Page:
Rubio on Immigration Reform: "We'll Have a Lot More Than 60 Votes"

PHOTO: Sen. Marco Rubio, R-Fla., speaks at the Newseum in Washington.

Sen. Marco Rubio (R-Fla.) believes that the immigration bill he helped write will eventually get enough votes to break a filibuster in the Senate.

Earlier this week, Rubio cast doubt on the bill's ability to pass the Senate, saying that the border security language was not tough enough to attract a sufficient number of Republican votes. The Florida senator even said he might vote against his own bill if changes are not made. That prompted questions over Rubio's commitment to passing the legislation.

During a Univision interview, Rubio said that the bill's authors have not yet rounded up 60 votes -- enough to prevent it from being filibustered by its opponents. But he said that he is "100 percent committed to the immigration issue" and that he wants tougher border measures in order to "earn our colleagues' trust," and not to kill the bill.

"We'll have a lot more than 60 votes, but we're going to have to work at it," he told Univision's Maria Elena Salinas in an interview that will air Sunday on "Al Punto."

Formal debate on the bill began on the Senate floor on Friday. Rubio's optimistic tone comes after immigrant-rights activists voiced concern that the senator's comments about the bill's potential failure could stunt its momentum as it heads toward a vote in the Senate.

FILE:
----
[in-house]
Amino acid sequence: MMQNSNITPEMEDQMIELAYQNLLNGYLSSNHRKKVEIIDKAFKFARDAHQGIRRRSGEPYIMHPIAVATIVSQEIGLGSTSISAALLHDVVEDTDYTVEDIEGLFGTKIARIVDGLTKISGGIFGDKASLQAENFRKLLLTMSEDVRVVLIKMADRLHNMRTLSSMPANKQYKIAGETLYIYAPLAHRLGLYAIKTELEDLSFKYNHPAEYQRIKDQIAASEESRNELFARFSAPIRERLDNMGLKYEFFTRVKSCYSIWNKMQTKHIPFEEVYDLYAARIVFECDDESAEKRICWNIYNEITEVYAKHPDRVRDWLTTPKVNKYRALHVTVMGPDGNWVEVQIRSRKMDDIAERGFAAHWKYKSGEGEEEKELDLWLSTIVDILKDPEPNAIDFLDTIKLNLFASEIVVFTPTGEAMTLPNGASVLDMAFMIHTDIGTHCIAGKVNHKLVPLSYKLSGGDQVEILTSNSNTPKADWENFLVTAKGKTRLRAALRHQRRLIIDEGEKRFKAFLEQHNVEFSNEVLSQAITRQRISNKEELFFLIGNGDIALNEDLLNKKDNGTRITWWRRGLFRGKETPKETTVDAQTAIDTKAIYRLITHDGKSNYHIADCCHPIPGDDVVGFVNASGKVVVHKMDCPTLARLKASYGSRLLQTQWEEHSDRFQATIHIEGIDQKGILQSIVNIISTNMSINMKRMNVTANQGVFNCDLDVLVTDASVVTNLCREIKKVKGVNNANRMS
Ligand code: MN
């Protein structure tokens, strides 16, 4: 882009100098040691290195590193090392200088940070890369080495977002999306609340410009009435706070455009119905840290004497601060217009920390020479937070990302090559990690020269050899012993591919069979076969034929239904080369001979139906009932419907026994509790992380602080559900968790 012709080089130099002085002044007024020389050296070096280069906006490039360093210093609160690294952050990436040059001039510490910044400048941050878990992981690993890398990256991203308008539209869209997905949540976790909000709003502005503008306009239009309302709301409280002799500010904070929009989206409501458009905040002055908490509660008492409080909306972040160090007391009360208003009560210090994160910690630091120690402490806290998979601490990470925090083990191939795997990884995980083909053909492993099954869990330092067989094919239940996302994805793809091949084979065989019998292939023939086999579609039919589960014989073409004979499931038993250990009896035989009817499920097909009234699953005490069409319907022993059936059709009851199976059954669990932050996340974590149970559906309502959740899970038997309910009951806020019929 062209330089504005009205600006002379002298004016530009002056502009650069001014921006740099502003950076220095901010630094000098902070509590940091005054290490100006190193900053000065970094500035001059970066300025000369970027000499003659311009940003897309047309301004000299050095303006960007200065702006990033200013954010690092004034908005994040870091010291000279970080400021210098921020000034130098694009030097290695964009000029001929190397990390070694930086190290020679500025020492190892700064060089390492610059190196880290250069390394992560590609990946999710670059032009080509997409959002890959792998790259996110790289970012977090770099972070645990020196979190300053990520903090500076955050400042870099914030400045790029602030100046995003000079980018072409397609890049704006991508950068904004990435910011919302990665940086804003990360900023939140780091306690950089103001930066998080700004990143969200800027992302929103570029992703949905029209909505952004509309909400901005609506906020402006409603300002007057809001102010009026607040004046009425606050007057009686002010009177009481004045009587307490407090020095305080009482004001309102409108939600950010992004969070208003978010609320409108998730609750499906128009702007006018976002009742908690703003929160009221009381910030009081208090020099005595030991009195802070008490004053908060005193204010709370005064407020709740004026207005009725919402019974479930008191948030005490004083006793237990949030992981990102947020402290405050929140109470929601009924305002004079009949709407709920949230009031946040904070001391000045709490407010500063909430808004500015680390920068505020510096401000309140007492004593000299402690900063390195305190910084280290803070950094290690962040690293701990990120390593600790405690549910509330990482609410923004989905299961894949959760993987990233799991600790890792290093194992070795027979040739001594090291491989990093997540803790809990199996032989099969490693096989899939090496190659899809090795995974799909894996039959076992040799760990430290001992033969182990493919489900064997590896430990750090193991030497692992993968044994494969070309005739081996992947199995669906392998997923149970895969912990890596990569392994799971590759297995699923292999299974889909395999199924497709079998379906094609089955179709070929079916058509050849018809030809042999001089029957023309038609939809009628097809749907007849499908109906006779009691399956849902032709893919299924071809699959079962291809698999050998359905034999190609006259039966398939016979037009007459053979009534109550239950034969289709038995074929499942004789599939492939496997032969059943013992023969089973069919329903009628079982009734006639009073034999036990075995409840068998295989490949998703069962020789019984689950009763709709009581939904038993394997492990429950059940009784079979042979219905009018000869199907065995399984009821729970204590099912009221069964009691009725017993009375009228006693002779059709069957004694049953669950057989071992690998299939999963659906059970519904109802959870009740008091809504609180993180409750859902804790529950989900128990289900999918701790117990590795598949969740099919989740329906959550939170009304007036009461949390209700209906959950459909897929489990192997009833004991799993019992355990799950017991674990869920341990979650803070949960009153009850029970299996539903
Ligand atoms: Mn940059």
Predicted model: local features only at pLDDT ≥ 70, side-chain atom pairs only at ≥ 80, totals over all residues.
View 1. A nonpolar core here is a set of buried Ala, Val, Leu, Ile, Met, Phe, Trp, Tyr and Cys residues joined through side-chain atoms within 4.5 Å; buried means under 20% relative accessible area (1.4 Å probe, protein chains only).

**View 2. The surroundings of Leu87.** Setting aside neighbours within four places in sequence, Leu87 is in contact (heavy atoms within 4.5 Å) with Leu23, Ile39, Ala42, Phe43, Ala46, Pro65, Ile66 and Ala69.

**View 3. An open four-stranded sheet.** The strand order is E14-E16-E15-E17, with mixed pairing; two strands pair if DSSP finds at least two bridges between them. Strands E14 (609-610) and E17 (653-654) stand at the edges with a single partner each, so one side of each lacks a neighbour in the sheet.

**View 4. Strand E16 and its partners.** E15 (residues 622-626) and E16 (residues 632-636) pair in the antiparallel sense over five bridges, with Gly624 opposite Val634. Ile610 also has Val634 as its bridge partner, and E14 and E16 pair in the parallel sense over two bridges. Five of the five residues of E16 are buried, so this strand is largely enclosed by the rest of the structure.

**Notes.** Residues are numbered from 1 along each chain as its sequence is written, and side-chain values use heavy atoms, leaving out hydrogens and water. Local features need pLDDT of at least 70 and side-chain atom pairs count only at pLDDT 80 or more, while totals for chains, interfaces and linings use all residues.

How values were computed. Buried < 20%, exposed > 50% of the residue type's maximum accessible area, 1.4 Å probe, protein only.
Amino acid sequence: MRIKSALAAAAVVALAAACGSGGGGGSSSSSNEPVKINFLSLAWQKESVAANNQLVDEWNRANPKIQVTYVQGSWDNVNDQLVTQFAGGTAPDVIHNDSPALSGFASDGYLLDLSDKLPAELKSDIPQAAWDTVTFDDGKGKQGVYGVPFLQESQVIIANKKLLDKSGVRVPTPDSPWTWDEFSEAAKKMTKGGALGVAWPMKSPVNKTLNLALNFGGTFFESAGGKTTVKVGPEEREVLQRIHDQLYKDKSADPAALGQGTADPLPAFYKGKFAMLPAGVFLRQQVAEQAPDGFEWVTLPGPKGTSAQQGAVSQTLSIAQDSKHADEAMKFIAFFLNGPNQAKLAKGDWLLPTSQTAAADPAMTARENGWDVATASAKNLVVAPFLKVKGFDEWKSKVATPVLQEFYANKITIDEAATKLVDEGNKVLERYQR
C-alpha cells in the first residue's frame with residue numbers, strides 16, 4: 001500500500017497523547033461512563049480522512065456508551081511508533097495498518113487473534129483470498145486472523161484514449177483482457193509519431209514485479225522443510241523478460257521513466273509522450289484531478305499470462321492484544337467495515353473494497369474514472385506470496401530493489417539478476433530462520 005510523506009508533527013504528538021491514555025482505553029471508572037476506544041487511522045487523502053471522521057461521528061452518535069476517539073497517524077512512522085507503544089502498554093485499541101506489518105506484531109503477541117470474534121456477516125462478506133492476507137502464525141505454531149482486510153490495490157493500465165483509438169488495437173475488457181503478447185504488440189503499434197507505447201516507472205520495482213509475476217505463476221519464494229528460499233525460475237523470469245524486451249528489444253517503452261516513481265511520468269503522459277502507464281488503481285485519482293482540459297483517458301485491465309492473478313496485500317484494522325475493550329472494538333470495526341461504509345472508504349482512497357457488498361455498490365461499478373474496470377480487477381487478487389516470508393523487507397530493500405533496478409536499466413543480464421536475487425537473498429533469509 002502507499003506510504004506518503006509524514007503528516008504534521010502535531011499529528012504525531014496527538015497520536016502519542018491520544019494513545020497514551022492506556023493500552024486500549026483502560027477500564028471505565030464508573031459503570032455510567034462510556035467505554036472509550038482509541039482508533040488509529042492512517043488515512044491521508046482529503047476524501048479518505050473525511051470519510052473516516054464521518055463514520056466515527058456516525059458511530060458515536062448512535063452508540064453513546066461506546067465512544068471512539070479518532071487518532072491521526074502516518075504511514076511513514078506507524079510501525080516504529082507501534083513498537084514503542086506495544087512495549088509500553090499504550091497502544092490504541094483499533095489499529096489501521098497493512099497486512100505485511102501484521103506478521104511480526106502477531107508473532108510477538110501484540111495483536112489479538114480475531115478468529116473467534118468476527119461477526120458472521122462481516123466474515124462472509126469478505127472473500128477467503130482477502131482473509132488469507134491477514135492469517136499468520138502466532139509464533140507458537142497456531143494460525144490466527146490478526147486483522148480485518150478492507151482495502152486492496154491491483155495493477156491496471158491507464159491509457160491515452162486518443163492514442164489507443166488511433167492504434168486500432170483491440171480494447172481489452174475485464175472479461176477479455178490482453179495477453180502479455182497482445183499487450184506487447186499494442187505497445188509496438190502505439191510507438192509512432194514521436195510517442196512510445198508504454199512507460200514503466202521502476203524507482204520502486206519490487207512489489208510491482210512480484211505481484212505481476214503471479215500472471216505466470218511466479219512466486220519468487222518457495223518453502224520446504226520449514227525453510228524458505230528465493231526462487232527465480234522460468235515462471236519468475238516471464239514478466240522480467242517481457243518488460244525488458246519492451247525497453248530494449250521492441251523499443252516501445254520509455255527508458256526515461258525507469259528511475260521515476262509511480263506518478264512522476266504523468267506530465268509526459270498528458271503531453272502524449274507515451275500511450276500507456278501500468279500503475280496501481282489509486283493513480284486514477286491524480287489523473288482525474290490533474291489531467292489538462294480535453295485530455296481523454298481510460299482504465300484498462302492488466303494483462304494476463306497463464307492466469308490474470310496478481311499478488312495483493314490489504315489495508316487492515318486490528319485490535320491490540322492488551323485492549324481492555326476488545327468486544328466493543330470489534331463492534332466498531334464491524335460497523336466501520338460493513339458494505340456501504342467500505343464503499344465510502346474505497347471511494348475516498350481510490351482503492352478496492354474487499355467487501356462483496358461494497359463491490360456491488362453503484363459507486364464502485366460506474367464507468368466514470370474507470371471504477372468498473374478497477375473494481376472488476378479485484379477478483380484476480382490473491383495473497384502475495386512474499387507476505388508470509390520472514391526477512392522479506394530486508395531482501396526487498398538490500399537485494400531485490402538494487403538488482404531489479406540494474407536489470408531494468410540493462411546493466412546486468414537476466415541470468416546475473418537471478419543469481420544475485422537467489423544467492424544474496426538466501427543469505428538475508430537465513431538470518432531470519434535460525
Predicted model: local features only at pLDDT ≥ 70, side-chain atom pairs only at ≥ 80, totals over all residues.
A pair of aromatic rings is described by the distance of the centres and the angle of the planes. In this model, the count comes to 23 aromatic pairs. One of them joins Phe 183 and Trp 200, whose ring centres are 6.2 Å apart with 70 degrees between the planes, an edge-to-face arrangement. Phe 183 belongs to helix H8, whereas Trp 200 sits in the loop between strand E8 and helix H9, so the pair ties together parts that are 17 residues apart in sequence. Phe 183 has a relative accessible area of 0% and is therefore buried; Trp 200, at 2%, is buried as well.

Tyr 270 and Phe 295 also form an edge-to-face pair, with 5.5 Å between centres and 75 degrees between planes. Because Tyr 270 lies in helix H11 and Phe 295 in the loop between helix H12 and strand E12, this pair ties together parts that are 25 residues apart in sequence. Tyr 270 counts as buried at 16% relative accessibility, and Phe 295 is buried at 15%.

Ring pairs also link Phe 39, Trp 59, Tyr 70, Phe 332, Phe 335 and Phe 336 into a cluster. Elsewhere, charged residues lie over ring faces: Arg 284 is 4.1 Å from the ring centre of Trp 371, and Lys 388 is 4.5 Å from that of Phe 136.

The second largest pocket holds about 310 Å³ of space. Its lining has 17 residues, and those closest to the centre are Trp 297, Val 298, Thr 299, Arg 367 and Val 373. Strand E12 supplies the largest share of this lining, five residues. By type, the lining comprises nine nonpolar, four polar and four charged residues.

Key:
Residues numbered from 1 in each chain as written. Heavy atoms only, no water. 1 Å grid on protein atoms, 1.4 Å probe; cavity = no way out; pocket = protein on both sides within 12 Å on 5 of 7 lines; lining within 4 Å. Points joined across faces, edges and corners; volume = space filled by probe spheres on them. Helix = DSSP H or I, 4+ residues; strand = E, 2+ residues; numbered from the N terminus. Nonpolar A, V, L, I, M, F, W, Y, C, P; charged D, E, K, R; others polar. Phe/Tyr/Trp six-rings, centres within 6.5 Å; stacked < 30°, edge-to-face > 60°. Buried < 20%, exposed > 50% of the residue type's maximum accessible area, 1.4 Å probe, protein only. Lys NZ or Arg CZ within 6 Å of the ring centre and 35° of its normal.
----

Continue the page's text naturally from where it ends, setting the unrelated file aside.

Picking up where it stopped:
And activists aren't pleased that Rubio wants to add additional border measures to a bill the senator previously described as the toughest enforcement bill in U.S. history. Protesters conducted a sit-in at Rubio's office in Miami on Thursday over proposed changes to the border security elements of the legislation.

But Rubio told Univision that his GOP colleagues are willing to bend on their rejection of a path to citizenship if the border-security measures are sound.

"Many colleagues who just four or five years ago were not in favor of granting legal status to the people who were here illegally, who were not in favor of creating a path to citizenship, today are open to it," he said. "They're simply asking that we make sure that the border is secure and that another wave of illegal migration doesn't take place in the future."

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